From reveille to hospital corners, “To the dining hall — March!” Our “aunts” and “uncles” (Jewish, mostly, and Philadelphians, but others too, imported from Sweden).

    Swimming in the freezing lake in the Poconos. The talent night when I did my Babs Streisand imitation (“Don’t tell me not to live, just sit and puttah!” — yes, I was 12, or was it 13?) Bug juice. Mystery meat. “What are we waiting for?” Treats!”

    The rainy-day activities: break into groups, test each other on skills like coming up with a song with the word `blue’ in it, pass it on. Jerry Lewis/Dean Martin movies!

    Camp crushes. (Hello, Gary Discount!); “Stop! At the Nature Lodge! (sung to a Supremes beat); teaching the little AME black kids in our bunk how to bless their food “Baruch atah, adenoi”; Olympics (me, in a canoe, with my younger brother); those coveted Feather Awards (my sister Sherry, now 52 years old, still has hers — in a trunk that looks a lot like your mothball-scented version, Steinberg).

    And always, before we went to back to our bunks to tell stories while sleeping in the cold mountain air under itchy wool blankets, holding hands and singing “Friends, friends, friends, we will always be, whether in fair or in dark, stormy weather dear Slipper Camp will hold us together . . .”

    Which, by the way, my siblings, cousins and I sung 15 years ago at my wedding here near Seattle, while our spouses and children looked on and tried, but failed, not to roll their eyes.

    Thanks for this. Yeah. It brings me back. Way back.

  • Rich Jacobson

    I went to Camp Kweebec from 1970-1975 and ended my camping career in Bunk Villanova. These are perhaps the most beloved years of my life and certainly the most influential. To me, my brother Mitch and sister Amy, Kweebec was life and we could not get enough. Your description of eating the pie is right on, I should know I eat the pie and won… the most impactful event of my life then and maybe up until now. For me eating the pie, winning and having the admiration of half the camp gave me the confidence to think bigger and to take chances. Those who know me and were there, know this. I once mentioned this to Les Wiser and he told me he had heard that before.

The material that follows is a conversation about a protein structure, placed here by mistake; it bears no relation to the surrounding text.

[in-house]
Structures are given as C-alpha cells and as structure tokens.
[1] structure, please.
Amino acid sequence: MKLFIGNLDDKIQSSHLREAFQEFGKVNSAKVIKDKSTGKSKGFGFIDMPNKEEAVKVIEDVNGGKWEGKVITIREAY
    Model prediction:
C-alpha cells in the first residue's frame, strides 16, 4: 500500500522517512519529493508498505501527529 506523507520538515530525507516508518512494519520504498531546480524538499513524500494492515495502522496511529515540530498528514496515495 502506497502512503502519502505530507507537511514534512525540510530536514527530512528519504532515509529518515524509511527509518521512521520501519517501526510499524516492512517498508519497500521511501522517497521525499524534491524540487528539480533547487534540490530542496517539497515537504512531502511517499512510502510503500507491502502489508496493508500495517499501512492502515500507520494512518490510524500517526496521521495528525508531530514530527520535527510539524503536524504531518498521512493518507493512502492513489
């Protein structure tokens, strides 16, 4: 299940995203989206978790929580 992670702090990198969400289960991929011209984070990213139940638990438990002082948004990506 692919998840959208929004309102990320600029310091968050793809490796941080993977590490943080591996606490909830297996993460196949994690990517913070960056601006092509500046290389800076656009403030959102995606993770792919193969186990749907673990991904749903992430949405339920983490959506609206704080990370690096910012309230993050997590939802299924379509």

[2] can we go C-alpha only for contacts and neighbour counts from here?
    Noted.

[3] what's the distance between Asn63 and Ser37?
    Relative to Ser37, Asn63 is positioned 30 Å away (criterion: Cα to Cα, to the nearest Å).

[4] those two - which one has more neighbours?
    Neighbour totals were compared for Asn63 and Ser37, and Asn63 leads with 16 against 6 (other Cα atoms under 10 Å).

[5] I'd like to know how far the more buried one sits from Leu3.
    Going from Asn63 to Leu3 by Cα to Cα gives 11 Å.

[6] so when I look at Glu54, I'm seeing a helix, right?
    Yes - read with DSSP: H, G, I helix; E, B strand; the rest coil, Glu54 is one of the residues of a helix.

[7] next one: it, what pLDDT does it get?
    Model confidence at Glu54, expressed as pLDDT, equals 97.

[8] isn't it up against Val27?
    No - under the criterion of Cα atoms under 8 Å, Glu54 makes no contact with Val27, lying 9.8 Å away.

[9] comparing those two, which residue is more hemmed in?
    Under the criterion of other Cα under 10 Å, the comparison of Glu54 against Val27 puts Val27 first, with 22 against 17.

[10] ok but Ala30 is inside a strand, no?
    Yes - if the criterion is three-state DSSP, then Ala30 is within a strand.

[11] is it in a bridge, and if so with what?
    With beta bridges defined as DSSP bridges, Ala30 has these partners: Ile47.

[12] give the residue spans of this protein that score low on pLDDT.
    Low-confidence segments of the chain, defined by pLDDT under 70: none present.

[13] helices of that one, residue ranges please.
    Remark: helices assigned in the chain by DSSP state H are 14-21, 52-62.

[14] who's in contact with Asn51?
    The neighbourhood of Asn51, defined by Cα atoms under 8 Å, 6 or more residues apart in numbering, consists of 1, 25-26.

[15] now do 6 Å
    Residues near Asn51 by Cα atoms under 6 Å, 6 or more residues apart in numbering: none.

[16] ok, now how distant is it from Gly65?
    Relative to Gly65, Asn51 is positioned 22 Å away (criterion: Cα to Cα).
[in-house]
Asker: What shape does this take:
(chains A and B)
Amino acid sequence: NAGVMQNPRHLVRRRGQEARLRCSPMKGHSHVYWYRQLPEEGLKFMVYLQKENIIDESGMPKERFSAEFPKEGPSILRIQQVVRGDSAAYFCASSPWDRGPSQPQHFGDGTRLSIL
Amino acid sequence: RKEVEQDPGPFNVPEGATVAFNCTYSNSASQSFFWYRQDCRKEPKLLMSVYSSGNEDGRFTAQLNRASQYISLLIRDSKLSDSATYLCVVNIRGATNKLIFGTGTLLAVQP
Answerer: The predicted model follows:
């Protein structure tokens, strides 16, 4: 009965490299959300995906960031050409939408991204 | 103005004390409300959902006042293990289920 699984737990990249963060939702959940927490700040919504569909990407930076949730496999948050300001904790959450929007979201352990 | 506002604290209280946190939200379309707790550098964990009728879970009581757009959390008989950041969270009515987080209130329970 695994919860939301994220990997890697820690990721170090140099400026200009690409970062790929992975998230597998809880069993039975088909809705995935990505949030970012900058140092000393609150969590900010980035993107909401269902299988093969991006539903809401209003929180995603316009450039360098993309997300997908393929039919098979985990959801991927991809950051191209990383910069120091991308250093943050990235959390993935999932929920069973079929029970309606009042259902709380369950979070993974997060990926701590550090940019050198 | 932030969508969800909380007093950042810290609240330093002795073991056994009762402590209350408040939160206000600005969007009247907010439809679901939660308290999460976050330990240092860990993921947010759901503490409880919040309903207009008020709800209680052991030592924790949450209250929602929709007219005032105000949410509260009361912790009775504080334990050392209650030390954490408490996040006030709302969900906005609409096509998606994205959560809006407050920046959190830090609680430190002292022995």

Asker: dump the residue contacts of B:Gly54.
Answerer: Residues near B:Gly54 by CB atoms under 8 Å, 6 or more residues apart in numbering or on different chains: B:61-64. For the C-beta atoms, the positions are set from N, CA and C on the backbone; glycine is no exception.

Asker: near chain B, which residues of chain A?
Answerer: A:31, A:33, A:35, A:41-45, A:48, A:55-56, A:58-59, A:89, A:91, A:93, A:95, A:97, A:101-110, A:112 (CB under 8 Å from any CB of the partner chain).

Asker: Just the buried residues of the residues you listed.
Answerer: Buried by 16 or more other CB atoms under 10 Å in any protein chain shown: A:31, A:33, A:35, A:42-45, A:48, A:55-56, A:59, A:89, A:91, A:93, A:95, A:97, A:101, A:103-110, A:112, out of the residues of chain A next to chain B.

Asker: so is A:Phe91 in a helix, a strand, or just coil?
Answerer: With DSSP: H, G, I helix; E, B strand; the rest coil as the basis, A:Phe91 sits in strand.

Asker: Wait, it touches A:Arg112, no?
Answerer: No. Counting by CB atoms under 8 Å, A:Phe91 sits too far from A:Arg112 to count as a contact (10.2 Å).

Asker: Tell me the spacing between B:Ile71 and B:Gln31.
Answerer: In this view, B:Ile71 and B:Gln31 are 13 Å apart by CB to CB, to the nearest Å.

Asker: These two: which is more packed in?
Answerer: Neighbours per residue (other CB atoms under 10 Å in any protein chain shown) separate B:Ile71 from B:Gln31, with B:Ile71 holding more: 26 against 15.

My children often hear me sing camp songs adapted for Color War, or chant a fight song, Friendship or Entrance song I sung some 40 years ago. Just today my wife mentioned something about a ‘Space Man’ and I broke into a color war cheer…camp is just a part of me and I guess I never want to leave it. Color War at camp taught us about competition and sportsmanship, where else would I have experienced track and swim meets and so many other sporting events that when we now watch the Olympics I tell my kids the events I was in. I was in the sweatshirt relay and the underwater swim… what great times. Reading your description of Rope Burning brought back so many memories, this was a right of passage for the oldest guys in camp, I still have my piece of rope for the year I won.

    I wish I could sing to you my camp songs or funny skits we made up about Danny (Les’s dog) Les, Steve Axelrod, Bobby Neckretz, Mitch Kurtz and so many more camp characters of my day, of course there is always ‘You Tube’… maybe one day.

    My camp experience formed the person I am today without question, thank you Camp Kweebec.

  • Sherri

    Just read your Kweebec article. It was very realistic.. I am a mother of two campers. One was in Villanova in 2010. and my daughter is currently in Wellesley. I’m gonna miss these summers for them. The friends they have made are truly long lasting.

  • danbloom

    i went to camp beckett in western mass 1950s but same same and the black steamer trunk, yes! Don, great story! the letter u wrote “”dear everybody camp is okay but getting worse” – priceless! should be title of a book!